android

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android

 [an´droid]
resembling a human being.

an·dro·mor·phous

(an-drō-mōr'fŭs),
Having a male form or habitus.
Synonym(s): android
[andro- + G. morphē, form]

android

/an·droid/ (an´droid) resembling a man.

android

Etymology: Gk, andros + eidos, form
pertaining to something that is typically masculine, or manlike, such as an android pelvis.

android

1. A non-biological organism having human characteristics. A synthetic person or humanoid robot.
2. Man-like, male-like, as of the pelvis. Compare gynaecoid.

android

resembling a human being.
References in periodicals archive ?
Although the artificial person theory was predominant in the early nineteenth century, the idea of not letting business interfere with the public good still remains.
Just like natural persons, artificial persons may be the holders of an amparo action for the protection of the inherent and recognized constitutional rights, such as the right to appear in a court of law, economic rights, freedom of property, the exercise of the action being accomplished by their legal representatives.
As for the possibility of artificial persons to file an amparo suit, it is necessary to specify several aspects.
Insofar as any person is part of more than one artificial person.
The framework will allow any artificial person that encapsulates these traits to participate in the dialogue.
Artificial persons can be "represented" or "personated" by more than one person, leaving room for equality between male and female rulers who govern jointly.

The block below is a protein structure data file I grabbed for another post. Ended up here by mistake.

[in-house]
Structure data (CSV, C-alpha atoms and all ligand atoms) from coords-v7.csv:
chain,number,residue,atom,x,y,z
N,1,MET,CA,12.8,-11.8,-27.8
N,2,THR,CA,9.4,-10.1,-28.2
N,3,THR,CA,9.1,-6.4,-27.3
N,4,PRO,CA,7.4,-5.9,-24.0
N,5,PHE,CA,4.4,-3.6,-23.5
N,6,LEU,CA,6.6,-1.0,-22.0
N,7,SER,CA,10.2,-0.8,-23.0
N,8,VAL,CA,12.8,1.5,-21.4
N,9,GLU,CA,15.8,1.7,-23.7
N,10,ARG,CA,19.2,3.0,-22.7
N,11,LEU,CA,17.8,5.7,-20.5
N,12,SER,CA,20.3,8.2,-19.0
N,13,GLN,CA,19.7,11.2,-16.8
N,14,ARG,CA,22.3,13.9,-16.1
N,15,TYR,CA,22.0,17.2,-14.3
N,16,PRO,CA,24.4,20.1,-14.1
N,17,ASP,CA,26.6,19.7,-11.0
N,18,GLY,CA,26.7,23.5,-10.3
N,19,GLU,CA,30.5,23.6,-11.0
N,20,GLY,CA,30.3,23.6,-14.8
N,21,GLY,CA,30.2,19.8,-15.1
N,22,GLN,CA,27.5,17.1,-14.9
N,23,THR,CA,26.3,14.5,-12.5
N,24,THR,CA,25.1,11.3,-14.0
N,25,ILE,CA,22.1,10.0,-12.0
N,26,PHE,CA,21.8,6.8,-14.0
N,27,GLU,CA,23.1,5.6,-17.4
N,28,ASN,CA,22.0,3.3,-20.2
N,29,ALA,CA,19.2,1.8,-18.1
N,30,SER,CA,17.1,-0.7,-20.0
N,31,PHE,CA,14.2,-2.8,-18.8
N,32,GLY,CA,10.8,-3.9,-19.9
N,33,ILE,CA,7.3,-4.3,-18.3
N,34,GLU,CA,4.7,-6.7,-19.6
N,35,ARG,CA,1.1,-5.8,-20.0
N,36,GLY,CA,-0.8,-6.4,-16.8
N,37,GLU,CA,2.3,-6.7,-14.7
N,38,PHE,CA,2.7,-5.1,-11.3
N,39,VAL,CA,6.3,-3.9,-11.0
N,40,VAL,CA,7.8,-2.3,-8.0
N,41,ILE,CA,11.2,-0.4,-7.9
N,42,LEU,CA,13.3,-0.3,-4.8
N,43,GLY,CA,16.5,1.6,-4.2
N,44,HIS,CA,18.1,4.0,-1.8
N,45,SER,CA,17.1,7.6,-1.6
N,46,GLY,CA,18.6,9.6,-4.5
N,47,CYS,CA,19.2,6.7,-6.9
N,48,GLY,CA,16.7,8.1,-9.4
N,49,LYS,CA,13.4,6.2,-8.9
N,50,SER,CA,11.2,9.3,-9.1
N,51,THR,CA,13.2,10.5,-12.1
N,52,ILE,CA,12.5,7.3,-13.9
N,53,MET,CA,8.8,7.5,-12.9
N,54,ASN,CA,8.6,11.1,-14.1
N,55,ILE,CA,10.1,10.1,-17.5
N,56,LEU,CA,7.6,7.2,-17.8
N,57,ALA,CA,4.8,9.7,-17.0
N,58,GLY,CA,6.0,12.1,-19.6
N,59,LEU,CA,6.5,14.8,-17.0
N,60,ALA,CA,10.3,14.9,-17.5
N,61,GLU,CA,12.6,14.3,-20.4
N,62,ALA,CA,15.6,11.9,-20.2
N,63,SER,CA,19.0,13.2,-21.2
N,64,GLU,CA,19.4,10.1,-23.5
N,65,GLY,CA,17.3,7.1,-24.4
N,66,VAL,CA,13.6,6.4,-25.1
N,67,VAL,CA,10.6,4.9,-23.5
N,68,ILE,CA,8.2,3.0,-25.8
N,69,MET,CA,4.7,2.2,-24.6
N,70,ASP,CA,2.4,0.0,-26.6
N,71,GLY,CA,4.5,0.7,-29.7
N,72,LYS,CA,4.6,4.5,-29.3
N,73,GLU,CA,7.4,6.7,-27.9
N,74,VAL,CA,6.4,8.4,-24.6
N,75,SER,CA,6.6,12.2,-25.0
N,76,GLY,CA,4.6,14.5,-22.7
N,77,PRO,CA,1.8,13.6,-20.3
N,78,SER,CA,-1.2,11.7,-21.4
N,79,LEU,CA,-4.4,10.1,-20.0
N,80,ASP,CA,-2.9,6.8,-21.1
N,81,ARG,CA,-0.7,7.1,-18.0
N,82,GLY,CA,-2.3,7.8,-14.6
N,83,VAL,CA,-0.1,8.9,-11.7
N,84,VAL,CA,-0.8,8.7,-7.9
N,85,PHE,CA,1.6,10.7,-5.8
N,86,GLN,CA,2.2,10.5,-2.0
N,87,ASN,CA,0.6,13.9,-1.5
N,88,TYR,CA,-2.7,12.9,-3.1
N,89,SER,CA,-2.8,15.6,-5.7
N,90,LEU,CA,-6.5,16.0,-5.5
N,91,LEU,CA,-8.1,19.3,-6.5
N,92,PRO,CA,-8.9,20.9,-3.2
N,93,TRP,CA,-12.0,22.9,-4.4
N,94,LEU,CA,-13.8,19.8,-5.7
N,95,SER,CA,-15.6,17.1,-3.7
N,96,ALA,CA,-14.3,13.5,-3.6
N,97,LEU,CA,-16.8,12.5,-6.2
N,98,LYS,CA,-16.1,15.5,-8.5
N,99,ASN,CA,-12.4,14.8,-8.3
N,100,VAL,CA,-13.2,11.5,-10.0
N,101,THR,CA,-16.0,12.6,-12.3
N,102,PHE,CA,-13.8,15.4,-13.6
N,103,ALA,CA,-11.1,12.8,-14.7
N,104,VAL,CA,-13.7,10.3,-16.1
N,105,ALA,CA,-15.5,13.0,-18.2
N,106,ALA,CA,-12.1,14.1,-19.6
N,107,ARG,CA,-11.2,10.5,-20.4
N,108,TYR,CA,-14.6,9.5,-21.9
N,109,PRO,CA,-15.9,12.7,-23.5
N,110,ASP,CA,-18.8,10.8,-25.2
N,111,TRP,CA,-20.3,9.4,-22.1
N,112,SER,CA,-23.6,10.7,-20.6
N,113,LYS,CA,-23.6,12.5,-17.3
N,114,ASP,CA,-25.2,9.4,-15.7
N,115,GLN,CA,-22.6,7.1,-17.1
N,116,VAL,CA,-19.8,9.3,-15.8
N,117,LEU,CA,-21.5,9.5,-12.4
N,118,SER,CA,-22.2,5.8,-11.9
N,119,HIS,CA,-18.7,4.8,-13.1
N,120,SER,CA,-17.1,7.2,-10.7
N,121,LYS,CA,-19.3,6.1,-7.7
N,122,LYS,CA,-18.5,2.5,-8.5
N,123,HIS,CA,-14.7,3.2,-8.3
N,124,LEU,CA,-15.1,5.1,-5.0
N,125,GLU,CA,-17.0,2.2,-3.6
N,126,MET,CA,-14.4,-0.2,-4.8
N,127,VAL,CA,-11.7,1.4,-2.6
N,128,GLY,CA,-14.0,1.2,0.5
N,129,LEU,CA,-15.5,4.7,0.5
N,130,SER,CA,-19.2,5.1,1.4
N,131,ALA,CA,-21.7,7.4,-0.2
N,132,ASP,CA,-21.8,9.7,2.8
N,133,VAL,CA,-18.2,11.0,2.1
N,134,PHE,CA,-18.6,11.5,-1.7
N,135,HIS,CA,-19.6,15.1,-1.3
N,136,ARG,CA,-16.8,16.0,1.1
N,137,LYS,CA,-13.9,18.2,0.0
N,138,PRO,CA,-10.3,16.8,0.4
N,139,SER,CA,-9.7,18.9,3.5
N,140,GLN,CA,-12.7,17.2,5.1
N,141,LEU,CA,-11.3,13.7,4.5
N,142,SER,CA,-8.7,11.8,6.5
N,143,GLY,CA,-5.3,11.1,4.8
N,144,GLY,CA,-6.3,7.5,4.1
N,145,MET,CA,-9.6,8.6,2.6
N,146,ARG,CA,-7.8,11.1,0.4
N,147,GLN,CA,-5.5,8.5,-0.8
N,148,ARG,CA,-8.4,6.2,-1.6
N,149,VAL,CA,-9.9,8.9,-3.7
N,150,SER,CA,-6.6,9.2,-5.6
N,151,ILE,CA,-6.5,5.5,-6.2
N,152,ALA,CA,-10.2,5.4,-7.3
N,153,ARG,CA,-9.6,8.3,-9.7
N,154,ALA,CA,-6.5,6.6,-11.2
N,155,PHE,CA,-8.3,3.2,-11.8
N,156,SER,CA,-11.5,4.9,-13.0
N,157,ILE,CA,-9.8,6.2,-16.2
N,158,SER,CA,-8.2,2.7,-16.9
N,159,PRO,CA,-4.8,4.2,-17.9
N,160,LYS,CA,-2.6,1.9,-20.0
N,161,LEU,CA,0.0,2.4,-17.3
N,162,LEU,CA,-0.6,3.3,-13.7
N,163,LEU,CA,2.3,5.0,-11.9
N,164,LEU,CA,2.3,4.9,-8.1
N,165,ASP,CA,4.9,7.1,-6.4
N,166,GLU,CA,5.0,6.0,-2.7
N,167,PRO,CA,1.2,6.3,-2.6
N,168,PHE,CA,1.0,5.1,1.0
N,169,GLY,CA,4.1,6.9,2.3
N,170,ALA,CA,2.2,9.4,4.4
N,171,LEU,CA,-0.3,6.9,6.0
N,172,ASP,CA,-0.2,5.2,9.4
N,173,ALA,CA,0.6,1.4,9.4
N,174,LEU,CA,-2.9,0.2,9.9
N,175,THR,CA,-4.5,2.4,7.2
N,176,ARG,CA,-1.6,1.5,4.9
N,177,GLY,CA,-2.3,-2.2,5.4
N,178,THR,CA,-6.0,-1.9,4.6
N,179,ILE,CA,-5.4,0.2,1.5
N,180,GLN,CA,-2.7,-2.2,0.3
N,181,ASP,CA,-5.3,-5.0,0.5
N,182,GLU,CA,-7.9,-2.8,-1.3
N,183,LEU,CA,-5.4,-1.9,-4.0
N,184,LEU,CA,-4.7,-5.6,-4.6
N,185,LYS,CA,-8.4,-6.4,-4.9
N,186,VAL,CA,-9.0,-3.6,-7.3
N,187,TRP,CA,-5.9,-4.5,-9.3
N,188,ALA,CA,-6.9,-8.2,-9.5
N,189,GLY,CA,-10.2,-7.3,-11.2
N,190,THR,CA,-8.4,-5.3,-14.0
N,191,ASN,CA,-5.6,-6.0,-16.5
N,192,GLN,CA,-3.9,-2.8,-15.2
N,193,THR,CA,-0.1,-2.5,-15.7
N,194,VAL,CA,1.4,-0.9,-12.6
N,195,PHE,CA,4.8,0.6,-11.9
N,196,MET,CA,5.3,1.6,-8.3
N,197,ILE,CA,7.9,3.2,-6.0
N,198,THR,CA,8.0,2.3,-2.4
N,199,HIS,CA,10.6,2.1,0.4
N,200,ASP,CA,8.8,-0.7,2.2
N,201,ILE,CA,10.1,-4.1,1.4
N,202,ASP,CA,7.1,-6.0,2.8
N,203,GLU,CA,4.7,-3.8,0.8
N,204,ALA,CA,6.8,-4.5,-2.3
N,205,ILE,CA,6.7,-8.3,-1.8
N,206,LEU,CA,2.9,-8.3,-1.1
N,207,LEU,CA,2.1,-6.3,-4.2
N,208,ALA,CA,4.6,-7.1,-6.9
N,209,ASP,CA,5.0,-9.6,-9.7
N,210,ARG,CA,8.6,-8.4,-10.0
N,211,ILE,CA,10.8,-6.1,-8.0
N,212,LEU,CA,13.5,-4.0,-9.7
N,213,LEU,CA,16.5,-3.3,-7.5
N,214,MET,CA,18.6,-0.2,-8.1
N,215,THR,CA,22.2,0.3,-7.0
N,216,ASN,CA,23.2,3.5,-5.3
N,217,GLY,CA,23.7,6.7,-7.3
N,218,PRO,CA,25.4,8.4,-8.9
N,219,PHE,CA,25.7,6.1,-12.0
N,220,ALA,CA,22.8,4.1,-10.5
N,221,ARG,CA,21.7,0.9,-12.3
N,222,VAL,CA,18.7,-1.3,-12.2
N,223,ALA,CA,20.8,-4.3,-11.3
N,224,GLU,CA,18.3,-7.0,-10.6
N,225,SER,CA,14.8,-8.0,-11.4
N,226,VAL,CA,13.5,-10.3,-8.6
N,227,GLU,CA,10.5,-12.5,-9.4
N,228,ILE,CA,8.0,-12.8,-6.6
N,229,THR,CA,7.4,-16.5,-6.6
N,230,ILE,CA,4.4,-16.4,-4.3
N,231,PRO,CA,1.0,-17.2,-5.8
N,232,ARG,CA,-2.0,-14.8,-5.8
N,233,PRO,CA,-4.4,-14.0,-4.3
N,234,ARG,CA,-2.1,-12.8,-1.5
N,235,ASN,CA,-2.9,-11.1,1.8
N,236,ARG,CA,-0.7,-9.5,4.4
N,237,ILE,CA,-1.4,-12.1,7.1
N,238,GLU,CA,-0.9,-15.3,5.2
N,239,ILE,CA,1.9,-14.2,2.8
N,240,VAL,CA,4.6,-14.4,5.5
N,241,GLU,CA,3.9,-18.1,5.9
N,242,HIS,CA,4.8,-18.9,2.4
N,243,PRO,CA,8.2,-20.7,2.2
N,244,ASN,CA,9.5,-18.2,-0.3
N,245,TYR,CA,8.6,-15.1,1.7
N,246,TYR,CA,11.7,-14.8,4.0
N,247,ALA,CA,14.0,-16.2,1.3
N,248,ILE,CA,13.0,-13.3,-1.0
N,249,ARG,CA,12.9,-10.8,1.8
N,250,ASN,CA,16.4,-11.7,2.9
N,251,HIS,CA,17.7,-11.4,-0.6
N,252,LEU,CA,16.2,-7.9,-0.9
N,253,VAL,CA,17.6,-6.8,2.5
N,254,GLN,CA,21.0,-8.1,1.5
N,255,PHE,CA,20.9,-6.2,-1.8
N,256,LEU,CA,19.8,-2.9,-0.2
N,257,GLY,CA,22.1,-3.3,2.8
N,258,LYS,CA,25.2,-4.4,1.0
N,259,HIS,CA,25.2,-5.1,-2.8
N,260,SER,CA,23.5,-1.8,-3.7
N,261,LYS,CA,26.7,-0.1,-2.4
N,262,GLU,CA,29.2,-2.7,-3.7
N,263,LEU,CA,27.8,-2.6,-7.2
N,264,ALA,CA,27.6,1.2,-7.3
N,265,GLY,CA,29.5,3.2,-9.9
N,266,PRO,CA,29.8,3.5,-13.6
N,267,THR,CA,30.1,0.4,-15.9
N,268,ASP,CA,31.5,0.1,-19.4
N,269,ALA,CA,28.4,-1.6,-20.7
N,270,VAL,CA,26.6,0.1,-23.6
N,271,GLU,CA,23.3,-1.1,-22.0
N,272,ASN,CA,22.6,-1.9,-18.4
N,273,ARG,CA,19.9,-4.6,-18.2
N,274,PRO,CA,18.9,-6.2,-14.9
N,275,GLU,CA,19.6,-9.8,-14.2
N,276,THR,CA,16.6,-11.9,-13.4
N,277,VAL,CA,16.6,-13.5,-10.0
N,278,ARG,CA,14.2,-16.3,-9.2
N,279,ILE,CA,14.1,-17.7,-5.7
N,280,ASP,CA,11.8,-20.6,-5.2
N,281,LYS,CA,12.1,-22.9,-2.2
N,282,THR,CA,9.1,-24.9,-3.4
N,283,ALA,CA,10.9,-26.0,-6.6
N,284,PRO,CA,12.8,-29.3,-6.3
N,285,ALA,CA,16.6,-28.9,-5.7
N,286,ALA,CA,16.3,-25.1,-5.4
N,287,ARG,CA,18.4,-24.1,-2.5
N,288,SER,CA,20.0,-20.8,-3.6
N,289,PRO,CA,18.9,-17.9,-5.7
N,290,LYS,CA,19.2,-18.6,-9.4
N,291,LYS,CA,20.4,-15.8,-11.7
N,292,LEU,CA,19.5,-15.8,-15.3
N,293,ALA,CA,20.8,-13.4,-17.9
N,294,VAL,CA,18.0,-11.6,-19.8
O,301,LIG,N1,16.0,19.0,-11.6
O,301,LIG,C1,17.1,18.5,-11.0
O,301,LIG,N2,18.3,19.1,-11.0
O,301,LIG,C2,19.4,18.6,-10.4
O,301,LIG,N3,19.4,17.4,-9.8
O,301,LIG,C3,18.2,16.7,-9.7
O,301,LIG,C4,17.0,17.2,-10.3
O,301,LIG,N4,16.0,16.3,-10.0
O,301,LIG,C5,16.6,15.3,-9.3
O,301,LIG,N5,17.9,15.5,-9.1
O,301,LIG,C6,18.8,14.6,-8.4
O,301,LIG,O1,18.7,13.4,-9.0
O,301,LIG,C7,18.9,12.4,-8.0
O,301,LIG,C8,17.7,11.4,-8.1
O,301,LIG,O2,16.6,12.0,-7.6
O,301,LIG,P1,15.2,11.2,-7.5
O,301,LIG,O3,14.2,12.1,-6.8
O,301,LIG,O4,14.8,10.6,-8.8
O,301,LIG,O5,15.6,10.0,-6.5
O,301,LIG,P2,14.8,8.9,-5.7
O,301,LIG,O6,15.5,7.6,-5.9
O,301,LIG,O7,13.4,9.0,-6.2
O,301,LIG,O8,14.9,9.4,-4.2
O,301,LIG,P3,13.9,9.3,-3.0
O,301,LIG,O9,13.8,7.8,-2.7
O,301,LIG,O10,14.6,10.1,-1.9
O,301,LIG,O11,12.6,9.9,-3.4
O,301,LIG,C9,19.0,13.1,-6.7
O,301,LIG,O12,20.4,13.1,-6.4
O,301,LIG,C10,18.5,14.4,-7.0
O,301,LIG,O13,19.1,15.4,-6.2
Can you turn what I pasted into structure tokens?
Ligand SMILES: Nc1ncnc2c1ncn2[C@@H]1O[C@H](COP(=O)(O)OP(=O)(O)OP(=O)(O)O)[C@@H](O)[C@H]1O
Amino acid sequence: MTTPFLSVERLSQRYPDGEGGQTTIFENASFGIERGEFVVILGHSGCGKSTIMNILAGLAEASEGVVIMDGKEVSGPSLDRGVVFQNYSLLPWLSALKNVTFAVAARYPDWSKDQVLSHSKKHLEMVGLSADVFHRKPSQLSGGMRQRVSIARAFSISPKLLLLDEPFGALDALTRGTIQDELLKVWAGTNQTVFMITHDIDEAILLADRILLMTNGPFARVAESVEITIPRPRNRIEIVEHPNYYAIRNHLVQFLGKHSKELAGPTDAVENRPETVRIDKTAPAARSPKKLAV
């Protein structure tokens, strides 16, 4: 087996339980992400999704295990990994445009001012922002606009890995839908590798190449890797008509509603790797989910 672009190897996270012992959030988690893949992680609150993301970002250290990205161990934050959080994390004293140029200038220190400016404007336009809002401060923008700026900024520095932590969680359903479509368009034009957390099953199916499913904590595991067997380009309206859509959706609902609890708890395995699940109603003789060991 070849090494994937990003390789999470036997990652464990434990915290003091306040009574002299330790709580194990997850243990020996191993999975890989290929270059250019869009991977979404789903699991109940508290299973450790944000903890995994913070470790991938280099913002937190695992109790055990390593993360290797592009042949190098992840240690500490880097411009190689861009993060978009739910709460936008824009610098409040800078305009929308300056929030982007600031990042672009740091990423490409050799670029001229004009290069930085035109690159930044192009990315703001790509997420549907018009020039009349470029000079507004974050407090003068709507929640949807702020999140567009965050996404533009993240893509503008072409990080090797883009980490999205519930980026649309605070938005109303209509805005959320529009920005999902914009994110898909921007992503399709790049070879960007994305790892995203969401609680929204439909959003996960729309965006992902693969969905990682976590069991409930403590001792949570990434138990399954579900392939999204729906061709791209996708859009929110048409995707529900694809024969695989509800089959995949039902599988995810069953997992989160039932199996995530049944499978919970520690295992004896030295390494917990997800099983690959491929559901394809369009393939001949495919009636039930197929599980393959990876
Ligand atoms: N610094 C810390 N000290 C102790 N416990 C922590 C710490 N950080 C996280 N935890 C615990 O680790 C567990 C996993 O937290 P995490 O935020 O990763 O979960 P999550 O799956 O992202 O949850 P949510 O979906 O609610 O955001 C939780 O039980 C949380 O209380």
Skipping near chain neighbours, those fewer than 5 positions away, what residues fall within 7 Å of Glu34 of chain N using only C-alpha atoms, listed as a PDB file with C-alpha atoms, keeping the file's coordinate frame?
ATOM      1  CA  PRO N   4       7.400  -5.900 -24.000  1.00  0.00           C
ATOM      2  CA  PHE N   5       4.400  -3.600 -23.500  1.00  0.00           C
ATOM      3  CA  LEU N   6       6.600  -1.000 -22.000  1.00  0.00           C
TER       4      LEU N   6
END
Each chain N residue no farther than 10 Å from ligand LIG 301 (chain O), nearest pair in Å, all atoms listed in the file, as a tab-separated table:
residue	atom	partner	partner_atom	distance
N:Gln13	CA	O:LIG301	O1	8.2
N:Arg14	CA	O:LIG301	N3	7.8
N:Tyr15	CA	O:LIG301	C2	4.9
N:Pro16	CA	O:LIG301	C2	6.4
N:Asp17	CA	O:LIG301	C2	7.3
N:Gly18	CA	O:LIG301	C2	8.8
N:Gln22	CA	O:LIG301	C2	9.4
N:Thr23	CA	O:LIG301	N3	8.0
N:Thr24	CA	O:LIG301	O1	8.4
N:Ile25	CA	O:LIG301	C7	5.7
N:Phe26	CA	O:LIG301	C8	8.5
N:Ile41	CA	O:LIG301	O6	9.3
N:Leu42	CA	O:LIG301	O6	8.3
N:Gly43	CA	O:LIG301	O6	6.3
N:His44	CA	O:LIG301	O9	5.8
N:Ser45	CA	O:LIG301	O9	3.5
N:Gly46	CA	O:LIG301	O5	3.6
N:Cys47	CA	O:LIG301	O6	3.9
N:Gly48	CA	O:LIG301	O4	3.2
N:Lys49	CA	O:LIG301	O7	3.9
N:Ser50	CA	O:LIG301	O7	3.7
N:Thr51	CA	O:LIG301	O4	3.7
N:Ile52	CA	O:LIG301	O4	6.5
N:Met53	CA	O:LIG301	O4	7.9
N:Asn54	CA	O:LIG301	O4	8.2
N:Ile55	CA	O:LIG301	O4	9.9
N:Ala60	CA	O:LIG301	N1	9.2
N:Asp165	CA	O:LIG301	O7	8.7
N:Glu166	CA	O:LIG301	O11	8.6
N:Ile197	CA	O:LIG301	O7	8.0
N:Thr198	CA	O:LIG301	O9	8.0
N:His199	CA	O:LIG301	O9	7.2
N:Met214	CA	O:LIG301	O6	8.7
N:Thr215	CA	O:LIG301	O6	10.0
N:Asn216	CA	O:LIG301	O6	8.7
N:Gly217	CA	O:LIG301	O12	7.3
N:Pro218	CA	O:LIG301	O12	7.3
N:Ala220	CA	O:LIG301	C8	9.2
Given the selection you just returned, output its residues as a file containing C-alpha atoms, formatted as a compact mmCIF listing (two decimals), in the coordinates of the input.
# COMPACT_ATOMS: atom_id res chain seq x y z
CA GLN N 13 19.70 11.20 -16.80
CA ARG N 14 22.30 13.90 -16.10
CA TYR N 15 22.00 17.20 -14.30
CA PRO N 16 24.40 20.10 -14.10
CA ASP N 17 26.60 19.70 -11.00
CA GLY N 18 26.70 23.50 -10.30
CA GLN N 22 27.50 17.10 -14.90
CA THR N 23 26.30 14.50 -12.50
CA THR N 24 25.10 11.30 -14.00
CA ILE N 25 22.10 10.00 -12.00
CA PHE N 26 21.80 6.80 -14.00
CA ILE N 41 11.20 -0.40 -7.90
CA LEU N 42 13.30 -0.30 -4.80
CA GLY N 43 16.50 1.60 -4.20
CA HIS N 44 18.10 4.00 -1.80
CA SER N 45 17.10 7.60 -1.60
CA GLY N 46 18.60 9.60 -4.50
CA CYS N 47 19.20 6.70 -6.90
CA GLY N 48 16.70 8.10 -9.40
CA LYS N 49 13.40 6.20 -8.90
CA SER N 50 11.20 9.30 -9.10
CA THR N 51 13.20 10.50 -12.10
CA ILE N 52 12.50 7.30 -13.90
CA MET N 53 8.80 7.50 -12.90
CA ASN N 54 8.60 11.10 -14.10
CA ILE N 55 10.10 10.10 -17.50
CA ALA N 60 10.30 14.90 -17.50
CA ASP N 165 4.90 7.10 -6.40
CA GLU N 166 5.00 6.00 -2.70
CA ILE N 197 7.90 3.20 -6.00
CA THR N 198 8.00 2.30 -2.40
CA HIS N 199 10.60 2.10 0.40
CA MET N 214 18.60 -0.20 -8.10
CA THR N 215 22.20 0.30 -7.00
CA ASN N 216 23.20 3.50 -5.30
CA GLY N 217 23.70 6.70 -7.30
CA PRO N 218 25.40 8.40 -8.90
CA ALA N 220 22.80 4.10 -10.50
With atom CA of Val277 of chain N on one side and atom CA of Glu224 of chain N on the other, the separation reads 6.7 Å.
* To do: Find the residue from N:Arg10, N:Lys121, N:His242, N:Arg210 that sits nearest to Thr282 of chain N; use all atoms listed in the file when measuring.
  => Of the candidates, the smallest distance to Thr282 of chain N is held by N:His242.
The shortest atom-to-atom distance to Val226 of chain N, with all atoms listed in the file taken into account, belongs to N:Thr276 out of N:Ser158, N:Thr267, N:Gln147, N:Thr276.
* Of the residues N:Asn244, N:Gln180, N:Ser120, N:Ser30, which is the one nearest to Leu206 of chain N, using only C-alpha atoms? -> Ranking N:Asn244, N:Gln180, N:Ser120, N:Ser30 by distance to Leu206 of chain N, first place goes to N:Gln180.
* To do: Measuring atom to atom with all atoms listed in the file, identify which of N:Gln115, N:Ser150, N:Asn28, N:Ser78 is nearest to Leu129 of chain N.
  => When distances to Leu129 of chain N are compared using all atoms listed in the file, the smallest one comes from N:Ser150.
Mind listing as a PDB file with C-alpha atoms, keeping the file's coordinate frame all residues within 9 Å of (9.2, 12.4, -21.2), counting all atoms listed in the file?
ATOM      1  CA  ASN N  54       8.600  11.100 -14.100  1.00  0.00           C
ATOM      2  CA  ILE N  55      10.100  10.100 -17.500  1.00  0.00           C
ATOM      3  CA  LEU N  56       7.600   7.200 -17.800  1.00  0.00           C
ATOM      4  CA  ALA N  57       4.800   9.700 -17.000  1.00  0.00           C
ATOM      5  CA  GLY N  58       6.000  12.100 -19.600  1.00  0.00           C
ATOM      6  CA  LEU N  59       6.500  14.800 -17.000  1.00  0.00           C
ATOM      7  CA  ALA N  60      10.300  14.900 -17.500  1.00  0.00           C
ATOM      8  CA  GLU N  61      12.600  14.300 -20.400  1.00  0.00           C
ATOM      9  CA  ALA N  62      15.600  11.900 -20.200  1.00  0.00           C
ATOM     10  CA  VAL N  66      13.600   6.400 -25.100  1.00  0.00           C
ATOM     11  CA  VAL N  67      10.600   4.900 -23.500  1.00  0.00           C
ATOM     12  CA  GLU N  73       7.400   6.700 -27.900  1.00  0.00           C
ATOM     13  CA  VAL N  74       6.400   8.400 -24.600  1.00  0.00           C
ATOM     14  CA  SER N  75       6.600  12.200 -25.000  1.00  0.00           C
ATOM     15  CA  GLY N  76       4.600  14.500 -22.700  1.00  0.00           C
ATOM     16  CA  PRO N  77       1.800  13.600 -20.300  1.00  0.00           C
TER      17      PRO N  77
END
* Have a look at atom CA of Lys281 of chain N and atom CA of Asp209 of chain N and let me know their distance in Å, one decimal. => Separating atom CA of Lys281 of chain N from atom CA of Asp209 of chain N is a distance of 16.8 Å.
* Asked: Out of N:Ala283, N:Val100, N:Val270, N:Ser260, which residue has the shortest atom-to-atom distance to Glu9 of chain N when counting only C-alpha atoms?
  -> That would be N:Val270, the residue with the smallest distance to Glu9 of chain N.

Central to Ethics of an Artificial Person is an extended critique of "role theory".
Similarly, Prince distinguished artificial persons from natural persons on grounds that the former violate the nomological regularities that underlie the concept person.
Artificial persons under the artificial entity theory, such as corporations and potentially the unborn, can have whatever rights given to them by the state, rights which can be taken away just as easily.
If, in the end, our value to God is not based on anything intrinsic to us, then the fear that artificial persons might somehow undermine our value as humans really represents a fundamental misunderstanding of biblical teaching.
A more realistic and equally important prospective contributor would have been Leeds Barroll, whose Artificial Persons recast the question of character at a crucial turning point in both Anglo-American criticism and Shakespeare studies.
The problem at work here is that the actions of artificial persons, their moral features, and how individual persons involved in them ought to be regarded in some moral sense seem to differ from that which usually prevails when we think about the responsibilities of persons acting in some private, non-institutional capacity.